Listening to Bulbul read from her work, I was reminded of how compelling simplicity can be in fiction. Bubul's characters are ordinary people. Her prose is pared back rather than purple. Her stories deal with the small defeats and victories of people living a run-of-the-mill existence. They instantly evoke the iconic Hindi writer Premchand, who Bulbul mentioned as an influence. To me they are also reminiscent of Jane Austen in the way they hone in on women in family situations. They exemplify how resonant simplicity can be even in an age where writers are known more for their bag of tricks than what they write.
Two weeks after Bulbul's event, I wandered into the amphitheatre of the India Habitat Centre where Penguin India was holding its Spring Fever festival. That night Rahul Bhattacharya, who won The Hindu Literary Prize last year, and acclaimed fiction writer Anjum Hasan were in conversation with the critic Sunil Sethi. Regrettably, I could not stay for the entire discussion. But I did hear Rahul Bhattacharya read from his first book Pundits From Pakistan which has been re-issued by Penguin.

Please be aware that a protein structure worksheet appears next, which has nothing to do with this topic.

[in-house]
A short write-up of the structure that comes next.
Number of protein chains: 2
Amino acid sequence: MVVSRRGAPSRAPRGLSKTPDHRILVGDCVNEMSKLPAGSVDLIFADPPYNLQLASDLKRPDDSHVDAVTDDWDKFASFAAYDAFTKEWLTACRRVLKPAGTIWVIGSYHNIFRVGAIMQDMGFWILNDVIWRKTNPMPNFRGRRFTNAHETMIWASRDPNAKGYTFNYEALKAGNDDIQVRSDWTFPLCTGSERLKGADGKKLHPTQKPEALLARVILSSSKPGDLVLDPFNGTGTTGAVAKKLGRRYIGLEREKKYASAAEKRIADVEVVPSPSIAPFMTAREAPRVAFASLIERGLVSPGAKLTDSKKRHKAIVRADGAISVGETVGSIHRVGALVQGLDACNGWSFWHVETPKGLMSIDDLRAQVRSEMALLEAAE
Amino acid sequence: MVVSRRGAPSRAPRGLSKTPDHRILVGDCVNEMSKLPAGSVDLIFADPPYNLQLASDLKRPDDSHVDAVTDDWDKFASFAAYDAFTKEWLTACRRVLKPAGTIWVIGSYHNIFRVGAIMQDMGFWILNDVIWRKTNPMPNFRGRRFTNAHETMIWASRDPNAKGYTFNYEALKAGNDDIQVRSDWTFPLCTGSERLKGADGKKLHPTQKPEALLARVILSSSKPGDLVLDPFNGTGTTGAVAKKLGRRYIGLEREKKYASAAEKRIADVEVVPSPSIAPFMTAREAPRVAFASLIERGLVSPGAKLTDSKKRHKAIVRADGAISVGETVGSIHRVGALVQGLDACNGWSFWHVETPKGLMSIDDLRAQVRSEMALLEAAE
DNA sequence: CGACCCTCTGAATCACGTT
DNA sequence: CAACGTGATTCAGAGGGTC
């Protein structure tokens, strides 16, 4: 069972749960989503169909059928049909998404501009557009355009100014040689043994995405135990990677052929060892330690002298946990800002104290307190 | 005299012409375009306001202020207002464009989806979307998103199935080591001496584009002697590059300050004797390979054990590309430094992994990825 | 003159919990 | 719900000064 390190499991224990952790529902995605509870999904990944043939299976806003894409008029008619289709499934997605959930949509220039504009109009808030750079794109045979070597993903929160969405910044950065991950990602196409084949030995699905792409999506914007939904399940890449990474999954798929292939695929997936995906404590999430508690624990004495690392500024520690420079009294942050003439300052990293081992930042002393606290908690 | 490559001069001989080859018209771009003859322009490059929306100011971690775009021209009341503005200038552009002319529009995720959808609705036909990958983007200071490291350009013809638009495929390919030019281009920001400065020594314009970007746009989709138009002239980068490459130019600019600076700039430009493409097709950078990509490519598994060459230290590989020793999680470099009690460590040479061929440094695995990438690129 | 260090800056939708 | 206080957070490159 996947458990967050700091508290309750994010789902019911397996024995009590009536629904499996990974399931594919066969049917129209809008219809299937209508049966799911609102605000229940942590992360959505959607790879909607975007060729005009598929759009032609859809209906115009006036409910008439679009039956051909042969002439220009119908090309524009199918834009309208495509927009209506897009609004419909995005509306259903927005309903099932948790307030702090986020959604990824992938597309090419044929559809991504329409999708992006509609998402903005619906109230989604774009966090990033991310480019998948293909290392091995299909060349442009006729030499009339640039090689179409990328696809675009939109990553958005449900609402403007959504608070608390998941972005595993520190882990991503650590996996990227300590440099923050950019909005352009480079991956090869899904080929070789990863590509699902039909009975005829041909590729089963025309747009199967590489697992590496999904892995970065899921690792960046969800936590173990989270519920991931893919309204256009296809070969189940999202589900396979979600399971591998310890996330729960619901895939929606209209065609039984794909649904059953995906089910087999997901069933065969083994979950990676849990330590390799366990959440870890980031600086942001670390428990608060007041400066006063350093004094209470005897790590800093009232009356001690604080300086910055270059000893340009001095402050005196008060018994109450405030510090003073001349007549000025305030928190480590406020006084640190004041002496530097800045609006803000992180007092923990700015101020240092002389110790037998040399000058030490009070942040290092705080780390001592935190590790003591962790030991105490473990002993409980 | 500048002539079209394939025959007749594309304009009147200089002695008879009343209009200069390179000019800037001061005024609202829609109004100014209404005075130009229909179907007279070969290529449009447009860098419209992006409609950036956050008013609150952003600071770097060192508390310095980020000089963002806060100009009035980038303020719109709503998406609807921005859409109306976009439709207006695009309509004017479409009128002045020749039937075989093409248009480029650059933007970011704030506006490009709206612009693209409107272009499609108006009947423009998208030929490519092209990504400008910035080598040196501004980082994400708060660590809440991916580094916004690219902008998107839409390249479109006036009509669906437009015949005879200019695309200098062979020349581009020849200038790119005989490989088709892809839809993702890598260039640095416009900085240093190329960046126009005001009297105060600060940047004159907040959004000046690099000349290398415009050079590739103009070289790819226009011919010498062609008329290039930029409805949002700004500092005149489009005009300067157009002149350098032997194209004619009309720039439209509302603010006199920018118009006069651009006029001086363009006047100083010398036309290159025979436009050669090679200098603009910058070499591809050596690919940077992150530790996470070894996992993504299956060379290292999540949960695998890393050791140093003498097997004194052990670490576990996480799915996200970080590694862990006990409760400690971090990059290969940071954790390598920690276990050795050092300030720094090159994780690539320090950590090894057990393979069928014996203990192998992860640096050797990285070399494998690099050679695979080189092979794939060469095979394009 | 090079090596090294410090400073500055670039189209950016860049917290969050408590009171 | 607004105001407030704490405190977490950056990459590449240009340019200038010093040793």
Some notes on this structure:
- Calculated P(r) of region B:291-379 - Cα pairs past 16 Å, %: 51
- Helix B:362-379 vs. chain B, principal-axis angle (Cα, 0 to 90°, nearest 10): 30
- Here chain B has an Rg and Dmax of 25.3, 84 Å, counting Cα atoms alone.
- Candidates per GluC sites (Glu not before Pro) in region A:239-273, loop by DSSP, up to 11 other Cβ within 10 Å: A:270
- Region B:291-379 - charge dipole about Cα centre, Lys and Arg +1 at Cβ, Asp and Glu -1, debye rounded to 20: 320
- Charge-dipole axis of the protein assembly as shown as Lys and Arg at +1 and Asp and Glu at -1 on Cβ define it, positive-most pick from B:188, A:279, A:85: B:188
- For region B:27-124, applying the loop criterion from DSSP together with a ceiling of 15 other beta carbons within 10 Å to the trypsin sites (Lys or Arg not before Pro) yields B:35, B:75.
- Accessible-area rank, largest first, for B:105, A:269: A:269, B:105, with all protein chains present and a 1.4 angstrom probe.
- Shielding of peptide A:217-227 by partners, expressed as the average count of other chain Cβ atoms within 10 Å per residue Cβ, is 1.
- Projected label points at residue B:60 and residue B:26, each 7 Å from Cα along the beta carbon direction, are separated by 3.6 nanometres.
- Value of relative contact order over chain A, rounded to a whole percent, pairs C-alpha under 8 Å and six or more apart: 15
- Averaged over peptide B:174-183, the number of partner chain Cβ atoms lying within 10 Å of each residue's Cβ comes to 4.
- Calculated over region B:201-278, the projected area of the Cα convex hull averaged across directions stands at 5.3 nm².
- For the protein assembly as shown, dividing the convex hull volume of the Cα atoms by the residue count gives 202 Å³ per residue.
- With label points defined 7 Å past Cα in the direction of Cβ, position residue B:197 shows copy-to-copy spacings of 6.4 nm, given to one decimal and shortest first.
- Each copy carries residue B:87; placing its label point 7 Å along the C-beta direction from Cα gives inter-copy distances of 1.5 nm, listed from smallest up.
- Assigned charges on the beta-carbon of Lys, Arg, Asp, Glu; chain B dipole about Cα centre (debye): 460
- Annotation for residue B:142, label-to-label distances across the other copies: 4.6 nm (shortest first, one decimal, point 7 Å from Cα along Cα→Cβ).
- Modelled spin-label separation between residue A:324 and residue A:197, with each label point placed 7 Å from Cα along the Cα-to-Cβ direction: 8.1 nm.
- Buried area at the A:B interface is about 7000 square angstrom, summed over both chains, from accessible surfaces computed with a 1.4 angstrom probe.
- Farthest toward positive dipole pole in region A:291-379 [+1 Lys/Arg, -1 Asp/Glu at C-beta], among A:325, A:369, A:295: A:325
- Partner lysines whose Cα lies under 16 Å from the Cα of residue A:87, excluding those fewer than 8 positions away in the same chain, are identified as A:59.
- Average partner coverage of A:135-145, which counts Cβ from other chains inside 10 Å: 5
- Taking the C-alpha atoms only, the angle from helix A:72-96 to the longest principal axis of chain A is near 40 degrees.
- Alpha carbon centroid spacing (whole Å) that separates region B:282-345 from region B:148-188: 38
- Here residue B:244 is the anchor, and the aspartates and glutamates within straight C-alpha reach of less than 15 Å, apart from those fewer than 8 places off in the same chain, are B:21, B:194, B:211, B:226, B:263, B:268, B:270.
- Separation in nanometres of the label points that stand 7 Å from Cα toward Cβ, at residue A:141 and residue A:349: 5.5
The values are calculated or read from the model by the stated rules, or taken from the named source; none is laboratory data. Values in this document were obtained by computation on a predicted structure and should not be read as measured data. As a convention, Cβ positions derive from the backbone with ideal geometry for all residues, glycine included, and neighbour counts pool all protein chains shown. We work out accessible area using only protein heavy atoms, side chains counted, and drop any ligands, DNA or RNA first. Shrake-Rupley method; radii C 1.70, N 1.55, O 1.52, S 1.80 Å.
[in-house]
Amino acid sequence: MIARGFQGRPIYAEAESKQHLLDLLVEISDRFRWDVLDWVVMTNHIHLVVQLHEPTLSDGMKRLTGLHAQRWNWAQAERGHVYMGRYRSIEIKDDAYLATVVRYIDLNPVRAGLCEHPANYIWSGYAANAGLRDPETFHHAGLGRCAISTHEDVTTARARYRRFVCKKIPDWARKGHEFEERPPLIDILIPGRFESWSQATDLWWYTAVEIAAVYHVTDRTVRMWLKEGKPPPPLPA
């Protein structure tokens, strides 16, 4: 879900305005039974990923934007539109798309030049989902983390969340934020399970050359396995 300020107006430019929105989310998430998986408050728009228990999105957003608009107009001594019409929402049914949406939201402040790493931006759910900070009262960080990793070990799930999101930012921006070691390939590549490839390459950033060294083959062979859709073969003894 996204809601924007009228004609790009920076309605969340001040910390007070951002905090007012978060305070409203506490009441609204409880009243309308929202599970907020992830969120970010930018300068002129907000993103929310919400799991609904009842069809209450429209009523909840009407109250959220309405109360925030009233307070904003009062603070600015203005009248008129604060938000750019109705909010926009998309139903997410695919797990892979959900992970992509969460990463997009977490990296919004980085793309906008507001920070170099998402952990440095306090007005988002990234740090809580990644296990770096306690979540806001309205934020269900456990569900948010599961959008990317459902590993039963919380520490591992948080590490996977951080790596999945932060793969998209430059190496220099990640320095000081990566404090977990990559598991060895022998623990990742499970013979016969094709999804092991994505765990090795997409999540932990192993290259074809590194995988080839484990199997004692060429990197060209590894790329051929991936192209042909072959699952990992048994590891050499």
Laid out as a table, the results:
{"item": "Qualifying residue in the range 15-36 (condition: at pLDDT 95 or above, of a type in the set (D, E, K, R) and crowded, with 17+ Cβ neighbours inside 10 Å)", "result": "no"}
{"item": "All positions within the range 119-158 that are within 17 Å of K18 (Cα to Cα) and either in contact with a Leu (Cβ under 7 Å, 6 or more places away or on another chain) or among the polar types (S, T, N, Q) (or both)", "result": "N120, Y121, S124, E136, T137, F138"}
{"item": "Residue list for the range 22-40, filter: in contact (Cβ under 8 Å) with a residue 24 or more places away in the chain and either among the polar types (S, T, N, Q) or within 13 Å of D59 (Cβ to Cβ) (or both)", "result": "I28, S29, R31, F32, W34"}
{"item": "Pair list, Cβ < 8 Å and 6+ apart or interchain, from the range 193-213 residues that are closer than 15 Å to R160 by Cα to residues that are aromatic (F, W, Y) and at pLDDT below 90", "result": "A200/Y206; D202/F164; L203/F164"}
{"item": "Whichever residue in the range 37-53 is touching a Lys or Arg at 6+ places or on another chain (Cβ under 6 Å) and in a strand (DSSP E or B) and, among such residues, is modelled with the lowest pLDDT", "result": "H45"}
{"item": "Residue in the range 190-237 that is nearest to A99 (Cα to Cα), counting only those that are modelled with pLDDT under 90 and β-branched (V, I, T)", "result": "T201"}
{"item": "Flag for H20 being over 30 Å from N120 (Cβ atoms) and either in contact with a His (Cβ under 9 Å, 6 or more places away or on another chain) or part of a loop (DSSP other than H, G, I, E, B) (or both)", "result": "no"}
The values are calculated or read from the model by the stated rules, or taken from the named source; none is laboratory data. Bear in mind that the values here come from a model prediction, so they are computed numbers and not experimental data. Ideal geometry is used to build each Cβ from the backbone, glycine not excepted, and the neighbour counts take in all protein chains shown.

Characters come alive
Pundits From Pakistan is a cricket book dealing with the Indian team's historic tour of Pakistan in 2004. The passage the author read from dealt with an instance in the first Test match where Rahul Dravid, filling in for an injured Saurav Ganguly as captain, declared with Sachin Tendulkar close to a double hundred. While describing the reaction to that momentous declaration, the author effectively mimicked the voices of Tendulkar, V.V.S. Laxman, Imran Khan, Ian Chappell, and other well-known cricket personalities. He was using ventriloquism in a bid to enhance the audience's enjoyment of his performance. In the same way, a writer can employ his or her ability as a ventriloquist to bring various characters to life in a book. Many of the great writers are superb ventriloquists. Salman Rushdie gets into the skin of his characters in that manner. So does J.D. Salinger. The best ventriloquists in literature, though, are the playwrights for whom writing dialogue is their chief stock-in-trade. Most prose writers use dialogue in its most basic form, which is to move the story forward. They lack the ear to do anything more with it. Playwrights, on the other hand, utilise it as a key ingredient for building character, as well as negotiating between status shifts. As one of my old professors told me: If you want to learn how to write good dialogue, then read a good playwright.

Euro exit and depreciation would bring economic gains